- Overconfidence: Underestimating the possibilities of future misfortune while remaining overly optimistic concerning present circumstances. An example would be those that believe that an accident is unlikely to happen and therefore do not buy insurance.
- Anchoring is when one tends to use an initial piece of information as a reference point to make a subsequent decision, no matter how illogical it may be. This can result in overspending due to how pricing is presented to us.
- Confirmatory bias: The tendency to cherry-pick information and weigh more heavily the information to justify one’s own belief, while downplaying information that contradicts one’s opinion. This tendency lends to irrational and stubborn behaviors.
- Loss aversion: The phenomena describes the tendency of a consumer to fear losses over the equivalent gains. It explains that fear and anxiety is more powerful than positive emotions.
These powerful predispositions are difficult to overcome as they are rooted in our most primal instincts. These tendencies help explain the challenge of traditional education efforts and why alternatives have been sought to overcome our instinctually-rooted patterns that result in poor financial decision making.
The field of financial wellness utilizes various tools to combat lingering cognitive biases and change consumer behavior. Financial wellness utilizes various strategies to strike a balance of the psychological and tangible facets of our views towards finances. In other words, financial wellness aims to provide a comprehension of your current situation, develop a plan to achieve personal and financial goals and manage the adversities that will inevitably arise along the way.
Although financial wellness is still a relatively new area of practice, its effectiveness in promoting productive behavior has already been recognized. Some of the key principles for successful financial education that will help employees make sound financial decisions for their future include:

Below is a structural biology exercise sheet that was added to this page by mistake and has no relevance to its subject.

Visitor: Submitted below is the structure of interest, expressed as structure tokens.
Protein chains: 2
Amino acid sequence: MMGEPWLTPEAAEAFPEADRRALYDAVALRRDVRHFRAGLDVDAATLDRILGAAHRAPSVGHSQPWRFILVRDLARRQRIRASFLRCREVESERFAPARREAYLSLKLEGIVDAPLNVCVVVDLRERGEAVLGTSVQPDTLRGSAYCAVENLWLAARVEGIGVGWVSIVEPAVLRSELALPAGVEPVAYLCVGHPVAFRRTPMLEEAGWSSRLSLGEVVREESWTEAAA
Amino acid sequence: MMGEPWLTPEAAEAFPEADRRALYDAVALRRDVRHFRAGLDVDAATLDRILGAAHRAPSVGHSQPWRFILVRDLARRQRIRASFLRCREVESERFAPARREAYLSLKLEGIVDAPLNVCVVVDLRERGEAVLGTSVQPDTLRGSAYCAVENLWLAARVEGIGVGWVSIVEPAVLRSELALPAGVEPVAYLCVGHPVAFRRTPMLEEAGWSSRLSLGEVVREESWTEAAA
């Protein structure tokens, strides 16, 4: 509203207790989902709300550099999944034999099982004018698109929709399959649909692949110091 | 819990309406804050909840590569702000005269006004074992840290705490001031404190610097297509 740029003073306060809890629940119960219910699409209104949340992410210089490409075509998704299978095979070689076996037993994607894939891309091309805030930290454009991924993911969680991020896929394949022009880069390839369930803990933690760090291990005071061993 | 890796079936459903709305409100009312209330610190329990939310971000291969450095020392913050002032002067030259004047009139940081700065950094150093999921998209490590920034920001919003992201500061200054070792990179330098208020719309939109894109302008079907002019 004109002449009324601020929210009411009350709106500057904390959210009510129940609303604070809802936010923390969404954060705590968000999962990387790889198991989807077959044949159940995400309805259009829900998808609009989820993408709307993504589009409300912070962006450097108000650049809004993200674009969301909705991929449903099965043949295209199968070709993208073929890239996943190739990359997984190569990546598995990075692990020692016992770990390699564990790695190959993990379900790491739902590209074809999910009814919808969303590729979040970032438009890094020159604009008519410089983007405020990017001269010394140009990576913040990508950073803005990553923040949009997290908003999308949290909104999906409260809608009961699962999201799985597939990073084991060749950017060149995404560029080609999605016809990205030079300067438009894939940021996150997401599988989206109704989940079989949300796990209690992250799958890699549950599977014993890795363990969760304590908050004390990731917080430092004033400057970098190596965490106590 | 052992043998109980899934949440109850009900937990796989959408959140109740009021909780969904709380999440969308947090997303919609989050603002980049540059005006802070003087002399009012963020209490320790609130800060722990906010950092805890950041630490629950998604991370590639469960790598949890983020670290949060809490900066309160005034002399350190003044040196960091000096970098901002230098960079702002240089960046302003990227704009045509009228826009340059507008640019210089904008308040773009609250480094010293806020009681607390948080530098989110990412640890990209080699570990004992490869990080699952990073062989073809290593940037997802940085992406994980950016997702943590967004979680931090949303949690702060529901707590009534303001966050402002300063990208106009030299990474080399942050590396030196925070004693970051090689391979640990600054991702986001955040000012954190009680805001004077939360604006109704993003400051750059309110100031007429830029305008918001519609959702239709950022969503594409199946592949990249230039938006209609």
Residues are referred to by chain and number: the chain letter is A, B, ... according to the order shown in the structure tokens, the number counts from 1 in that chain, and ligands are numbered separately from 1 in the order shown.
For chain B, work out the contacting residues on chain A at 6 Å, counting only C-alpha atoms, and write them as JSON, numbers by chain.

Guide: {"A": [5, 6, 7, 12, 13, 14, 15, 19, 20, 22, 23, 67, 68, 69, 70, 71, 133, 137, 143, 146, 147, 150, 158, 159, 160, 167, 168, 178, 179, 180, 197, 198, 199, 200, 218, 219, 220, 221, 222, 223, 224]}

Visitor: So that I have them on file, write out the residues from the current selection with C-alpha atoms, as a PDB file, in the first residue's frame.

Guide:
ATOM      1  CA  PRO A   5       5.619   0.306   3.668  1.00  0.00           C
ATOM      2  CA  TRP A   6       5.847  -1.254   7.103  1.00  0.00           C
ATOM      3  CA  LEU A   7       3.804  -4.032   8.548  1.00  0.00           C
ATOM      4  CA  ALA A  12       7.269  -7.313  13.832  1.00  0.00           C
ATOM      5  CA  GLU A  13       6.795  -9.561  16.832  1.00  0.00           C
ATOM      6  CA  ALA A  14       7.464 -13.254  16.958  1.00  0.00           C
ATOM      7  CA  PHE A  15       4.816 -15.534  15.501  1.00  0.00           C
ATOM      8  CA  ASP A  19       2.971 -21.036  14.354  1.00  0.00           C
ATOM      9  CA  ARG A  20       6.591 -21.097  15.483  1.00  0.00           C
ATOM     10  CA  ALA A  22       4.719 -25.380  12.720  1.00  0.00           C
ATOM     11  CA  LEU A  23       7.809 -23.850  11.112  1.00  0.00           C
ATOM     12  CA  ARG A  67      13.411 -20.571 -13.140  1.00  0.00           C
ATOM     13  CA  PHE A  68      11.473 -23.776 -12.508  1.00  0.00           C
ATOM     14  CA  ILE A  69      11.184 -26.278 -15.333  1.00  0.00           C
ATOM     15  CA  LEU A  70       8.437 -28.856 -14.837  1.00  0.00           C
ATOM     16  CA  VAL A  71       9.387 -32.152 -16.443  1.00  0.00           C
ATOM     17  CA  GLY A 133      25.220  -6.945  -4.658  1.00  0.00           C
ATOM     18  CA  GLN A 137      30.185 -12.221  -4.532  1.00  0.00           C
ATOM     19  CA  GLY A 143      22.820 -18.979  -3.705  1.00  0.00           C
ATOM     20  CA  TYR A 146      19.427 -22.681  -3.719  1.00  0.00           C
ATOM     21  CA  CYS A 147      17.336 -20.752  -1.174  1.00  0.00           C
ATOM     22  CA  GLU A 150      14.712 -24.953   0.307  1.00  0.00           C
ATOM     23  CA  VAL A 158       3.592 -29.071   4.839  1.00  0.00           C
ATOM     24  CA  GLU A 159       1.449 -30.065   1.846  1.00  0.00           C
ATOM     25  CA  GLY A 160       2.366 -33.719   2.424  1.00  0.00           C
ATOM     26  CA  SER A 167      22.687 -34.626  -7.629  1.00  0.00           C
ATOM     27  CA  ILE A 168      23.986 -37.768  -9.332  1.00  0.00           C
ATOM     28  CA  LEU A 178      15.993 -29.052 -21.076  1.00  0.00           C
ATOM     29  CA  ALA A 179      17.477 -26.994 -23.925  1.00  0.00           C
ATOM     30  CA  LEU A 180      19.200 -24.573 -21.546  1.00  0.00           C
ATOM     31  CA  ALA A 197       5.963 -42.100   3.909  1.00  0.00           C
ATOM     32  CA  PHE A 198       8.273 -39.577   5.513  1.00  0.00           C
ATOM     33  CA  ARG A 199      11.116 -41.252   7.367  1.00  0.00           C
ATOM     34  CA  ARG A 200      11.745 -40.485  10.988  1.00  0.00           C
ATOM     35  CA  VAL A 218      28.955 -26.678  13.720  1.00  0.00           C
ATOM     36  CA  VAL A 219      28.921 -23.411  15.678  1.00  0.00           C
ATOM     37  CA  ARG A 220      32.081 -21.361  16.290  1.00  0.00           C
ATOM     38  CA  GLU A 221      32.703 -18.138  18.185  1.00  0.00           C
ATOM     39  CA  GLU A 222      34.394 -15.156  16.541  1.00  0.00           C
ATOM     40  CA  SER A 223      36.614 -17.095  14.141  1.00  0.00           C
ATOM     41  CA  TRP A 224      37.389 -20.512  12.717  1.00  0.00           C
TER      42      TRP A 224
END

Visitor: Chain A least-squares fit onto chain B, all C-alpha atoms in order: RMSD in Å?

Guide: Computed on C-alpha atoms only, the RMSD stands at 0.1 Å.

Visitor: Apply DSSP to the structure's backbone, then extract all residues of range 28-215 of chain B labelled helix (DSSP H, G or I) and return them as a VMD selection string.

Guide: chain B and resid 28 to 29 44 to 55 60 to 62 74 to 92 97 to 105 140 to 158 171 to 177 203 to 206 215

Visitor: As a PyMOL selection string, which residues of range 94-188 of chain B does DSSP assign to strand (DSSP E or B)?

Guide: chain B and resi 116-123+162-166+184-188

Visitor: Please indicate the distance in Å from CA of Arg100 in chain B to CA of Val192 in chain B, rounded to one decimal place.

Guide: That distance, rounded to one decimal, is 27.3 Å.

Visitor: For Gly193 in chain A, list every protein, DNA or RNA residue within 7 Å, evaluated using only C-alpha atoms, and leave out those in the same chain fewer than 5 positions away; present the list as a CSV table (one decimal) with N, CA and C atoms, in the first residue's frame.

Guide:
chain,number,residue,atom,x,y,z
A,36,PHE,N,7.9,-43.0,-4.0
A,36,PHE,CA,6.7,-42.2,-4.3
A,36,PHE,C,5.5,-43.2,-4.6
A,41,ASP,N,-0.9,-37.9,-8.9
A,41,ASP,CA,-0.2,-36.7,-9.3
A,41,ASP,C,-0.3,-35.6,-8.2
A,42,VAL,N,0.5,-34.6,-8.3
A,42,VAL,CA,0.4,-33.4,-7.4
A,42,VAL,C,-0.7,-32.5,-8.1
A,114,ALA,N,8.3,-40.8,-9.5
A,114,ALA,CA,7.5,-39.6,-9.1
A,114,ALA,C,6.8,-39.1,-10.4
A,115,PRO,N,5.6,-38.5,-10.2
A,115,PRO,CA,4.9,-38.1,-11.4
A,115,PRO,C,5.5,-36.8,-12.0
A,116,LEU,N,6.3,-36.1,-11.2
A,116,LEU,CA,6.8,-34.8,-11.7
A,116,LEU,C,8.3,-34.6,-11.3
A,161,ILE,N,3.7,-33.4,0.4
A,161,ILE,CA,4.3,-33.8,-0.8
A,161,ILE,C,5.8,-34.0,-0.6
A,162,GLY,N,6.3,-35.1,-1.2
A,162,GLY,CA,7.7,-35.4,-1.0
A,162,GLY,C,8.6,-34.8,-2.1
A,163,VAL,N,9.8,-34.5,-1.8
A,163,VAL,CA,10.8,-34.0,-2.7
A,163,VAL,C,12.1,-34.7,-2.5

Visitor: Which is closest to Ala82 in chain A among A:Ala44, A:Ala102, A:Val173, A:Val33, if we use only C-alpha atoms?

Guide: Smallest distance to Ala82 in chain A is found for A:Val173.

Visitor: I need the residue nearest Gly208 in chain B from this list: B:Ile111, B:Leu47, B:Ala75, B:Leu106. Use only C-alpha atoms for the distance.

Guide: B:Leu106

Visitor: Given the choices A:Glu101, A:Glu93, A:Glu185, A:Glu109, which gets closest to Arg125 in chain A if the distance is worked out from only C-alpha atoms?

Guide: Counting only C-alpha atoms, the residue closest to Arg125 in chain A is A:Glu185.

- Know your audience. Acknowledge that situations vary, and information should be personalized to match one’s specific status, challenges and goals.
- Deliver actionable, relevant and timely information. Develop a suitable plan related to a specific goal to combat our cognitive tendency to bias the present.
- Advance broad skill sets. Teach how to find relevant information and how to process that information to make an informed decision from what is learned.
- Build motivation. Supporting individuals to identify their own values, to maintain persistence in the inevitable challenges they will face and to stay enthusiastic about their future.
- Create habits that support good decisions. Help individuals form new healthy habits that will reinforce positive outcomes.
It is frequently agreed that wellness is a important part of effective employee education. Furthermore, employers can play a vital role in an employee’s financial well-being by assisting savers in managing their employees’ overall financial health. Financial wellness programs are growing rapidly as companies continue to realize the importance in addressing the financial challenges of its workforce and the resulting benefits to the employer.
In financial wellness sessions, a practitioner collaborates with the employee to work towards financial objectives through one-on-one interaction either by phone, video conference or in-person. The programs encourage savers to take control of their own finances with the support they need to be successful. Assisting employees identify financial priorities, setting goals with a realistic timeline and applying the principles of financial education are critical aspects of a effective program.
Successful programs offer a tailored assessment of an employee’s income in retirement based on their individual wages. They also frequently provide information regarding other employee benefits beyond the company retirement plan and attempt to provide a comprehensive picture of the employer’s benefits package. Wellness plans that cover various financial planning topics can further illuminate the importance of being prepared into perspective for employees.